‘Amazing stories of survival’: UCI oral history project preserves Vietnamese refugees’ hopes, fears and challenges
When Linda Trinh Vo was growing up, she never heard about the experiences of other Vietnamese Americans in the classroom or read about their history in her textbooks.
It was as if her entire community didn’t exist.
“Even today, there’s very little history on Vietnamese Americans from their perspective and their voices,” said Vo, professor of Asian American studies at UC Irvine.
“In Vietnam, they have basically written us out of the history books — those who left the country — and in America, they write about the war from the American side, particularly the veteran side, but very little about Vietnamese Americans.”
So Vo decided to do something about it.
She started collecting the life stories of first-generation Vietnamese Americans living in Southern California as a way to preserve this much-neglected history. This year, her “Viet Stories: Vietnamese American Oral History Project” at UC Irvine is celebrating its fifth anniversary.
“It’s important to tell the stories that have been erased from the history books,” Vo said.
Vo developed the idea for “Viet Stories” from the Vietnamese American community itself. After she began working for UCI in 2000, she would go to events in Orange County’s Little Saigon where people would suggest that she start an oral history project.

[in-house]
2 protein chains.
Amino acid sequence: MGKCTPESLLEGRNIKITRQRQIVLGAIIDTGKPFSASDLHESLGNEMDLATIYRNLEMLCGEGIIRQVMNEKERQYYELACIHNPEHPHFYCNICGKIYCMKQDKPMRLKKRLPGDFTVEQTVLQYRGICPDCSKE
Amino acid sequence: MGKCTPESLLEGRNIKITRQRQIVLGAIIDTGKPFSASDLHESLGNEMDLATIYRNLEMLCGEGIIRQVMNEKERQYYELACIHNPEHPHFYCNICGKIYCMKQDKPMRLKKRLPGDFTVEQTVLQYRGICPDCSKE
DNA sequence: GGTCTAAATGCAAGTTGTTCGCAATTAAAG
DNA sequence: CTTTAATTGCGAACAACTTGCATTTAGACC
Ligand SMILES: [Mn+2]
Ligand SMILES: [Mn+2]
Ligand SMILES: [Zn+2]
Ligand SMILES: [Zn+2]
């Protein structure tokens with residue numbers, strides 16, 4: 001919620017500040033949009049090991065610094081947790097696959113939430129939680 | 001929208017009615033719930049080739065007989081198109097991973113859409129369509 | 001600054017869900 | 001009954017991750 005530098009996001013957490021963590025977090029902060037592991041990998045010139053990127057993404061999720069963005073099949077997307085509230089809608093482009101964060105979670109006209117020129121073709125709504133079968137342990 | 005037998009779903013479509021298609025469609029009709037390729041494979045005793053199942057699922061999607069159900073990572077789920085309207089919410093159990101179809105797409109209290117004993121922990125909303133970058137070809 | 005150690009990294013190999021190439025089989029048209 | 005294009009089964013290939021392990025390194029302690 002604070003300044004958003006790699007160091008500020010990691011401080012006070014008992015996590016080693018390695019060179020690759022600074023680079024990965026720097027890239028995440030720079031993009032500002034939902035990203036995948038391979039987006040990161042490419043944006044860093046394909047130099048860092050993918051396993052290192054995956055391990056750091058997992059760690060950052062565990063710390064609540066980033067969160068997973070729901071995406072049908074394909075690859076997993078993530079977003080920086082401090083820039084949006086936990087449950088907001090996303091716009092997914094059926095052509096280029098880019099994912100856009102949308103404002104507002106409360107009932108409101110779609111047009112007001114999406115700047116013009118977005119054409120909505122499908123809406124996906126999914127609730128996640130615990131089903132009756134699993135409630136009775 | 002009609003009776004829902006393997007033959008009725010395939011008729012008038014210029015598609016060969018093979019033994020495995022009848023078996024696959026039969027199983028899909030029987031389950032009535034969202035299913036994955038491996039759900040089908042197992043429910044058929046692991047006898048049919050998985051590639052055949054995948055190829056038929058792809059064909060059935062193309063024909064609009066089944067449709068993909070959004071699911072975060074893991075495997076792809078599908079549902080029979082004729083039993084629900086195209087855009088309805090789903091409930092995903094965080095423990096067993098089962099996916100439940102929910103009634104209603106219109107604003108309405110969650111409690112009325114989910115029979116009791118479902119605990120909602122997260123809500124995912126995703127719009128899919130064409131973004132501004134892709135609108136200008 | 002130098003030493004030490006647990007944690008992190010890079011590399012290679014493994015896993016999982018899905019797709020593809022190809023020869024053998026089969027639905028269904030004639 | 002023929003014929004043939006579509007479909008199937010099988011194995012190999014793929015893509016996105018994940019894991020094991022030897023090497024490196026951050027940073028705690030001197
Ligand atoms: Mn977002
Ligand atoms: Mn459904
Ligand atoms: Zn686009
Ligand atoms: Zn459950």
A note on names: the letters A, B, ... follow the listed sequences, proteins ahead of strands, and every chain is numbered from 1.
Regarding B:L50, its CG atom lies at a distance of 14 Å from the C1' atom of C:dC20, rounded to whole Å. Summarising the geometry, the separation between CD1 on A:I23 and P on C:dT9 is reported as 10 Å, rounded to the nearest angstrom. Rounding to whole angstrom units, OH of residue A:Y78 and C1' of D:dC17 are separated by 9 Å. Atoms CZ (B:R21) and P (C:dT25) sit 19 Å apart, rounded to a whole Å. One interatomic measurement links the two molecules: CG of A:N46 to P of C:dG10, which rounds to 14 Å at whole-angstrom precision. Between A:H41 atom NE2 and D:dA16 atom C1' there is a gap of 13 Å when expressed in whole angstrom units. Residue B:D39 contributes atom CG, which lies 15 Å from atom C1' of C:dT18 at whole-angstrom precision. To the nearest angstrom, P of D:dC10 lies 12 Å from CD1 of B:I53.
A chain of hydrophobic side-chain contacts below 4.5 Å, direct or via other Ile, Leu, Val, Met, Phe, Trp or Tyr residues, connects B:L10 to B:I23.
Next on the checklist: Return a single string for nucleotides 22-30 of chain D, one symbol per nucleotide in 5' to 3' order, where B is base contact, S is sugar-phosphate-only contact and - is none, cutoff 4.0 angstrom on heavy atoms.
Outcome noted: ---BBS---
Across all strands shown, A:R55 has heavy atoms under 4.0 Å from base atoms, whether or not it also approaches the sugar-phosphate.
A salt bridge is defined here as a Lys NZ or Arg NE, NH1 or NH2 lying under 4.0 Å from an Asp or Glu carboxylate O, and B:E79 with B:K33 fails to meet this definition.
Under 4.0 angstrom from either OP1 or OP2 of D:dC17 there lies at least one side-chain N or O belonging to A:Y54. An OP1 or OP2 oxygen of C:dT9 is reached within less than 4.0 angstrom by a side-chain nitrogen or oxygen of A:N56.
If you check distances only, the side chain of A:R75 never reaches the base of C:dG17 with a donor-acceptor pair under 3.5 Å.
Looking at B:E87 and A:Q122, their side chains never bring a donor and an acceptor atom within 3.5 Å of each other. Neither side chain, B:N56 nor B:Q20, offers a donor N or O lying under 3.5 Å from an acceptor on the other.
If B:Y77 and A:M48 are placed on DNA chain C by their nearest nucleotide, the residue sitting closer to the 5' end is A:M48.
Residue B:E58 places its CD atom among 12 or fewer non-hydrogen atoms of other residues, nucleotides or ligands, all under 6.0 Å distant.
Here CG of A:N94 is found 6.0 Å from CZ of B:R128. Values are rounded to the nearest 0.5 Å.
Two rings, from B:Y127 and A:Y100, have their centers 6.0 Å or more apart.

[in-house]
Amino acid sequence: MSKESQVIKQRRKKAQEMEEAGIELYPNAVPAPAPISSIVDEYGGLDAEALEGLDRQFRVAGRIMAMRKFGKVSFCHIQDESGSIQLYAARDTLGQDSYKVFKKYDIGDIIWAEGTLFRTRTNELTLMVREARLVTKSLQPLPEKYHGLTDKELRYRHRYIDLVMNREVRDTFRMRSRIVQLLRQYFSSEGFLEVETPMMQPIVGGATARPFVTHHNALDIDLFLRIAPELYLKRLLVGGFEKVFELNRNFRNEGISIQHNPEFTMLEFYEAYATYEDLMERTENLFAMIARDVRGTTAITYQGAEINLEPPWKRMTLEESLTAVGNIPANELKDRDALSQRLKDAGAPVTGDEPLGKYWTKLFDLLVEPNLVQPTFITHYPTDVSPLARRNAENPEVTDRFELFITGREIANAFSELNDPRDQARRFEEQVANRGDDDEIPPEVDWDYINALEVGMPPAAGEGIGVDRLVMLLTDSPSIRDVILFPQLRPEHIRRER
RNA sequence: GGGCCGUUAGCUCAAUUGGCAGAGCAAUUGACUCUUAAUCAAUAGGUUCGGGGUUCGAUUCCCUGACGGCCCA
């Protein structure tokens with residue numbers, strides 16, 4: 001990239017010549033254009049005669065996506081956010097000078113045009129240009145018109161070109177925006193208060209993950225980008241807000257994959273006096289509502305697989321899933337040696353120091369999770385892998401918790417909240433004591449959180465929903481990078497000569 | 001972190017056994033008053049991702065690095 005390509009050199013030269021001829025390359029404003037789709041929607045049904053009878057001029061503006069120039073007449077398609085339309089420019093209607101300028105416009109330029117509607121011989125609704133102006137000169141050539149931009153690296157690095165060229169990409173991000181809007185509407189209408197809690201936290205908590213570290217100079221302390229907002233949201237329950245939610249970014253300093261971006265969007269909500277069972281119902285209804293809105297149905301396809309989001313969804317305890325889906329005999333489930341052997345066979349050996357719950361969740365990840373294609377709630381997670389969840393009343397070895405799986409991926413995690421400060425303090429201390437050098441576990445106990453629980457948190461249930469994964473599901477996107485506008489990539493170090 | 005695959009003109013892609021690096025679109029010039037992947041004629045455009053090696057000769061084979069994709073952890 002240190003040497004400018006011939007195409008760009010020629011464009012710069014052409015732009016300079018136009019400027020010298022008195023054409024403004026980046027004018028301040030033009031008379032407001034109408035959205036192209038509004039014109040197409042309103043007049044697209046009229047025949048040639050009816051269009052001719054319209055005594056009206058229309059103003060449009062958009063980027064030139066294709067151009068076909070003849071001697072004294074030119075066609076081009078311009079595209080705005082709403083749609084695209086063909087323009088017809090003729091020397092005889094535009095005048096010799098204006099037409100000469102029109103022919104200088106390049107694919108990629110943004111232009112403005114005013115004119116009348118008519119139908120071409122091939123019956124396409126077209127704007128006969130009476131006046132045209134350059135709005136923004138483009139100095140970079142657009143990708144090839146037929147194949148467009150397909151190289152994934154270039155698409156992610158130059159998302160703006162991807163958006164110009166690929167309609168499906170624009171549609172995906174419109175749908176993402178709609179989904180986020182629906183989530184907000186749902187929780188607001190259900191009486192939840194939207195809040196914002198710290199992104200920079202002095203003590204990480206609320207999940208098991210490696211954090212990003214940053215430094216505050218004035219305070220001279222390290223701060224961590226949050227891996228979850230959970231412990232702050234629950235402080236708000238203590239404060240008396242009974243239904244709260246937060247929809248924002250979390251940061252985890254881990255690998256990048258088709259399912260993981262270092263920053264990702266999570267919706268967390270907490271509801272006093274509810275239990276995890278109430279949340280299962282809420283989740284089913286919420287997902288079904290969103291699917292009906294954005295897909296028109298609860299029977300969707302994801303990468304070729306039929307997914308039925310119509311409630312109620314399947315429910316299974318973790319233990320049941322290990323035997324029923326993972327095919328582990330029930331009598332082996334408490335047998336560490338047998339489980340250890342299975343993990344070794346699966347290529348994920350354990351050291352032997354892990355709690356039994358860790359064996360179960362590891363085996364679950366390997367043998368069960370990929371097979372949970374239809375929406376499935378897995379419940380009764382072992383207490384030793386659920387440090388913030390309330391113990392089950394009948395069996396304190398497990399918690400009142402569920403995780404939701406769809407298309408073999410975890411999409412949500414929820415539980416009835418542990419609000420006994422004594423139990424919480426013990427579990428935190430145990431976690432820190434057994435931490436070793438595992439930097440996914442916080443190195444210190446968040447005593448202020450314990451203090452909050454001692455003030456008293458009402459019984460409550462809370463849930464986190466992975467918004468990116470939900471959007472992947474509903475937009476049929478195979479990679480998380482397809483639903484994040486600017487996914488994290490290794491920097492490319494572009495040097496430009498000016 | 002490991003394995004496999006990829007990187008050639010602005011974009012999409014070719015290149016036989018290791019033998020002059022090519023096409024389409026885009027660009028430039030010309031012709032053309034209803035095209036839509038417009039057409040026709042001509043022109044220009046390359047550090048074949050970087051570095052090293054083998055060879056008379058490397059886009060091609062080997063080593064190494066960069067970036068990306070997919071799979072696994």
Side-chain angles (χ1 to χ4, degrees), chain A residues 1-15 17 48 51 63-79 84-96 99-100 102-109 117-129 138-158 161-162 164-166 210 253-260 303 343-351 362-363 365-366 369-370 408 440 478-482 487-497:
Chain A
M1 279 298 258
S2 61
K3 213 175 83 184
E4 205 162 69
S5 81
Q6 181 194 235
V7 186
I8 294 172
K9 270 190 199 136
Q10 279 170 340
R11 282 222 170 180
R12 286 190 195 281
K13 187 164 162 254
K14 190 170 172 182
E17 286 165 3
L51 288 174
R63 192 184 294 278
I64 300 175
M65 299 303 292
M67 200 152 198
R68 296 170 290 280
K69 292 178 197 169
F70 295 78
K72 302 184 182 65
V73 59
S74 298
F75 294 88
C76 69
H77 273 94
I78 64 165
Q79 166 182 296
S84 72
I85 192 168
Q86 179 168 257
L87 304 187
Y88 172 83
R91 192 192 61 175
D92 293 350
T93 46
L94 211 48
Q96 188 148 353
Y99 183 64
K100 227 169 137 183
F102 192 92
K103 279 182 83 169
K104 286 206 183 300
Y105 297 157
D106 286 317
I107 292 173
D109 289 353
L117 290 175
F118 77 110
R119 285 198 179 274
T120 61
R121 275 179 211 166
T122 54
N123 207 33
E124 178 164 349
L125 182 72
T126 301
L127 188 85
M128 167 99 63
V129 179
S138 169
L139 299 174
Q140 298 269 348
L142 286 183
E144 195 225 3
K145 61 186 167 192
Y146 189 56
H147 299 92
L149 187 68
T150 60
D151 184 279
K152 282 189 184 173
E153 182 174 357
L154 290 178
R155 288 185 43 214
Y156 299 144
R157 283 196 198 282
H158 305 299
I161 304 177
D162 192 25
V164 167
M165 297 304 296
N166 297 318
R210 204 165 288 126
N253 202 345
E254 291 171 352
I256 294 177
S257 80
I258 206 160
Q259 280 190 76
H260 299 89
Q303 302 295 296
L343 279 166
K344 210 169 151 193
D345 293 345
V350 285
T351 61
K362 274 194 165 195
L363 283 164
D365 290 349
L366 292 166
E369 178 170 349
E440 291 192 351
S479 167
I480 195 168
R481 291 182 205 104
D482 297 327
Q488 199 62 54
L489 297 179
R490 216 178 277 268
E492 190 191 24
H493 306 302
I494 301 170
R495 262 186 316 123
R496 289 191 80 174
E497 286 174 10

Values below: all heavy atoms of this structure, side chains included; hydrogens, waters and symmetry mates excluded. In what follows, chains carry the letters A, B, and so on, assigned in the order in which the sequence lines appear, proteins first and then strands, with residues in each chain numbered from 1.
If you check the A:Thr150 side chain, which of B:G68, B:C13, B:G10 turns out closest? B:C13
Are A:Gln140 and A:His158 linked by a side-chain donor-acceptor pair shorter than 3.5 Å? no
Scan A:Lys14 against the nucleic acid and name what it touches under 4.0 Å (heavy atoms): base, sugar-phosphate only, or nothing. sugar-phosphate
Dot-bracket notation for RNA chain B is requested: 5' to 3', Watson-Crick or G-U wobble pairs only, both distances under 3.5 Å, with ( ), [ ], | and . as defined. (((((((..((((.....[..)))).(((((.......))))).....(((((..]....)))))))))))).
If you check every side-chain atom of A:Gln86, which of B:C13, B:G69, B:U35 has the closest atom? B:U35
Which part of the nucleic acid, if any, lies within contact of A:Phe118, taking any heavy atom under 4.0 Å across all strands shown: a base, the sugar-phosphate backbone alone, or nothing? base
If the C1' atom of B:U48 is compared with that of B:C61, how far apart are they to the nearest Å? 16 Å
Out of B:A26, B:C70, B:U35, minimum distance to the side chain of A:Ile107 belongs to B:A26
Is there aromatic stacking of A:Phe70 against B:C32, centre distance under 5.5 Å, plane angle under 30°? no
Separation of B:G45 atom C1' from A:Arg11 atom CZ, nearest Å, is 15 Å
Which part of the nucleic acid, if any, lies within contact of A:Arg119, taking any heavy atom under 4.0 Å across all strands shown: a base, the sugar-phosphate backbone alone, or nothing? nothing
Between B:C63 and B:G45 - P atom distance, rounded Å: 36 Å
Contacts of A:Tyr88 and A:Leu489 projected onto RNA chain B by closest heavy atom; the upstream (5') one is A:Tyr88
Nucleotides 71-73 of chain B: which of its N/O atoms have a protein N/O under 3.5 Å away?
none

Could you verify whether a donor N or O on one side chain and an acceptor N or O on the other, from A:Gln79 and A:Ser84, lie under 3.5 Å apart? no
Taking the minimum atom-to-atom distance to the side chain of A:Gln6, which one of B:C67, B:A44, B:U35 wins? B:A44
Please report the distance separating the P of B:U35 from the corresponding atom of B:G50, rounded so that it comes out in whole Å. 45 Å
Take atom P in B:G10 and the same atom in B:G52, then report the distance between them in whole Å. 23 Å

“You should be collecting our history,” Vo recalled them saying. “So many in the community are passing away, and once they pass away we will lose their stories.”
It took her more than a decade to collect the necessary funding and institutional support, and in 2012, “Viet Stories” was launched to collect, translate, transcribe and digitize the oral histories of everyday Vietnamese Americans living in Southern California.
One of Vo’s biggest concerns starting off was whether people would participate.
“The war was very difficult, being a refugee and the post-war period were very difficult, and many families didn’t talk about it,” she said. “And they didn’t tell their family members, so we weren’t sure that they would be willing to tell their stories.
“But what we realized is that the time is right. There are so many in that first generation who want to tell their stories to their children and grandchildren, about what happened to them, what they did to survive, who they were — and they wanted to leave some sort of legacy.”
The project currently has 450 stories, more than 180 of which are fully digitized and available to the public online.
The Vietnamese migrants tell of not finding a very welcoming United States, with Americans having mixed feelings about the war itself, and their dispersal across the 50 states left many families feeling isolated. Leaving so much of their lives behind, enduring sometimes arduous ocean journeys, and having to start over again in a new country where they did not speak the language or understand the culture left many stunned.
On the other hand, even amid great challenges, many maintained hope.
“One of my memories was when our boat was damaged [during their escape], and we were on an island where we were fixing the boat,” said Jack Toan, who was 9 when his family fled Vietnam in 1979. “I was laying out in the open with my dad, and I remember him telling me, ‘When we go to America you’ll have the opportunity to go to college and be a doctor, dentist, lawyer — whatever you want.’